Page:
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Pooh and Christopher Robin books, as one might have expected, were responsible for several of the higher prices, but the collection was certainly not restricted to the well-known books. It contained examples from all aspects of Milne’s writing career and opened with a first edition of his first book, Lovers in London, that contained pieces previously published in St. James’s Gazette. As Ann Thwaite, author of the Whitbread prize-winning biography of Milne, wrote in the catalogue introduction, Milne was rather glad to see it go out of print and probably agreed with a Sheffield Independent reviewer who said that “the only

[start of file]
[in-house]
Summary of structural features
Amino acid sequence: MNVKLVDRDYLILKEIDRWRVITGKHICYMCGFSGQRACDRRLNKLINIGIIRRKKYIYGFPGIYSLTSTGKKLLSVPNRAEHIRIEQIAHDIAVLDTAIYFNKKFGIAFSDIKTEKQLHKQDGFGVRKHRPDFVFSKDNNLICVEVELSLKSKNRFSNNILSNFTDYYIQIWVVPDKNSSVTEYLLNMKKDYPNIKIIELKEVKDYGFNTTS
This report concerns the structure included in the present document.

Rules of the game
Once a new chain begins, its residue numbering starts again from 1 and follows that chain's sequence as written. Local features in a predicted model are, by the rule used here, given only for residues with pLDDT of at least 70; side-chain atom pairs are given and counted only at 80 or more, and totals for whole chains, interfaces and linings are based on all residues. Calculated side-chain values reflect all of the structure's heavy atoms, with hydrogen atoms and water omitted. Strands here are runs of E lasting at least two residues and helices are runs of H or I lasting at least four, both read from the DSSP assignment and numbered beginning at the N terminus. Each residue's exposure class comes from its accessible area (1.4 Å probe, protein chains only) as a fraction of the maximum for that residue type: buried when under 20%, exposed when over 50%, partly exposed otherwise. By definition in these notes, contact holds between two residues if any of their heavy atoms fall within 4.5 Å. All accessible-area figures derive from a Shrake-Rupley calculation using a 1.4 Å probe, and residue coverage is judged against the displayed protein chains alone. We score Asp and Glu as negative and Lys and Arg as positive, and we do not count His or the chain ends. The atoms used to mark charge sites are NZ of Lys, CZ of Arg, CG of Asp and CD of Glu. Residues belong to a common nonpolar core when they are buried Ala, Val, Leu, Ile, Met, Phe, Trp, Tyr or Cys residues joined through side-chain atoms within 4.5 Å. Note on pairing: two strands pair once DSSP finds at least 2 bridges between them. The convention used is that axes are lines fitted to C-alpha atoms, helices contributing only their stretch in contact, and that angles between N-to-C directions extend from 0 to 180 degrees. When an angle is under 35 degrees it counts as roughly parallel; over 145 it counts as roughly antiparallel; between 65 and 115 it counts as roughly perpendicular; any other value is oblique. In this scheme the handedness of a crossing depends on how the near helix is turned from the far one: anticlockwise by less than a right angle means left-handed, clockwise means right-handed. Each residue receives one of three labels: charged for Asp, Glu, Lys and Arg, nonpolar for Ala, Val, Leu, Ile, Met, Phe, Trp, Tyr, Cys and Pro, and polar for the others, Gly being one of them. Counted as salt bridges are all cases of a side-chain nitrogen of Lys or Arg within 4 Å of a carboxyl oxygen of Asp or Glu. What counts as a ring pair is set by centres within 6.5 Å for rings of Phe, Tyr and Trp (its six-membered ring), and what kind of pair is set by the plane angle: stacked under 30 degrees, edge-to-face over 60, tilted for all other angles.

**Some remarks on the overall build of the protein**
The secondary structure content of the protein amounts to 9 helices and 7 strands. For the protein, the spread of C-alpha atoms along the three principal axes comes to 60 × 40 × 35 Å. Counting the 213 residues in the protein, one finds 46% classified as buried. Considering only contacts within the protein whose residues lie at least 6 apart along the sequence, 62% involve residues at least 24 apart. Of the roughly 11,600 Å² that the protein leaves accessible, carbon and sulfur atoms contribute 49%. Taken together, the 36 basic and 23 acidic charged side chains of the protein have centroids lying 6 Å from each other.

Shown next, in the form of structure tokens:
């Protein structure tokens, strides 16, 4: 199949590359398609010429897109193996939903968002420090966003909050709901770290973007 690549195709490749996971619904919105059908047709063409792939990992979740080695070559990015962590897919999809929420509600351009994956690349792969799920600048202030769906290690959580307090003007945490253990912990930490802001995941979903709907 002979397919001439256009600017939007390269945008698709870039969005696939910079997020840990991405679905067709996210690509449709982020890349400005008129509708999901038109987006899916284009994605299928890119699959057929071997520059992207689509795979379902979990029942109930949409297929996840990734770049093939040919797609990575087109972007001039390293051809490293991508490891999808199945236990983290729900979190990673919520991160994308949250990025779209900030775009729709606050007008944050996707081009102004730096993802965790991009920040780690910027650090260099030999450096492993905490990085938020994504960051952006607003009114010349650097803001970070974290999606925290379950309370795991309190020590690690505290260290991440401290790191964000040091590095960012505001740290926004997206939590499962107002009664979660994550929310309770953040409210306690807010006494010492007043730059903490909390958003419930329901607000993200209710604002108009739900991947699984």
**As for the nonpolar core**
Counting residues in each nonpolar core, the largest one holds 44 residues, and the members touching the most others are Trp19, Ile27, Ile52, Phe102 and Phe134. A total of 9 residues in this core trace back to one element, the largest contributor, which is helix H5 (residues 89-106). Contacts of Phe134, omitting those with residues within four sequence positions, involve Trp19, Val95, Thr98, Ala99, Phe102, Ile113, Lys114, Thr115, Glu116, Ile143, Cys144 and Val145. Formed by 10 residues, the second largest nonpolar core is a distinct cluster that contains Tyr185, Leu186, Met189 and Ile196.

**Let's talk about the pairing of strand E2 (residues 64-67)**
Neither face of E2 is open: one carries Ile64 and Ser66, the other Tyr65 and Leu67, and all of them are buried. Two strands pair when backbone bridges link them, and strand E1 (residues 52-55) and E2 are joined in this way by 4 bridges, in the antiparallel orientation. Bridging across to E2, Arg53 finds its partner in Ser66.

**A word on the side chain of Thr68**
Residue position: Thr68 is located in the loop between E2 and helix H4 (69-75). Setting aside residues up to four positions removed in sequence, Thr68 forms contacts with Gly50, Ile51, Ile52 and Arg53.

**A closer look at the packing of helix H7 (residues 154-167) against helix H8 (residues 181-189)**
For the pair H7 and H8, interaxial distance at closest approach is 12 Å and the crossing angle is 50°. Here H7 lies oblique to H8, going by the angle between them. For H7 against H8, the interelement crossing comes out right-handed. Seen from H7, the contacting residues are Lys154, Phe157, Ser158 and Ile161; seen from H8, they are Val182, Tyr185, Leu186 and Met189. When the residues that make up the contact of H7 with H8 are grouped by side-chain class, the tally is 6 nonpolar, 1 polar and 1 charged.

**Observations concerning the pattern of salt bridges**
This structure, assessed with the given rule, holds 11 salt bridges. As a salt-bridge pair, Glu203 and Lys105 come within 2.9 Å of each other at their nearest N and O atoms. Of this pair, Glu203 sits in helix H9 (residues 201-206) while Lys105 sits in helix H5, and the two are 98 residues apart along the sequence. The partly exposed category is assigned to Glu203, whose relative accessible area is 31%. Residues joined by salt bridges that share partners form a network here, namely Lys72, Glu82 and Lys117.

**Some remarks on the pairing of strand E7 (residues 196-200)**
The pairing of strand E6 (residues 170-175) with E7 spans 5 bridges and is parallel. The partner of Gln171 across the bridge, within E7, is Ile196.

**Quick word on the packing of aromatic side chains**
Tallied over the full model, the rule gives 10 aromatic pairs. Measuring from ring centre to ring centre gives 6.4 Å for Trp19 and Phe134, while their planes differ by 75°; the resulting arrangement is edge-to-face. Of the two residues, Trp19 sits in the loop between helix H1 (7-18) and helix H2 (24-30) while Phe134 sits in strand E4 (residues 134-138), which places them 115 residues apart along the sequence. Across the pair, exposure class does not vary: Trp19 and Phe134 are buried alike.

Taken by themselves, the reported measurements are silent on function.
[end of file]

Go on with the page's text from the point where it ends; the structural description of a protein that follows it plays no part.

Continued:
readable portion of the book is the title”, and claimed to have paid £5 to buy back the copyright and prevent a reprint.

An autograph letter of 1925 from Milne, stuck to the front pastedown of the copy offered by Bloomsbury, is also rather dismissive of his book, but it is nevertheless the first in a long line and Lot No.1 in the BBA sale, which comprised one copy in torn and defective jacket, plus a rebound and incomplete copy, was sold at £150.

Pictured is a signed copy, in a rather torn dust wrapper, of the 1922 first edition of The Red House Mystery, his first piece of detective fiction, which sold for £1900. (Last December, at Sotheby’s, an unsigned but better preserved copy made £100 less. Buyer’s premium: 15/10%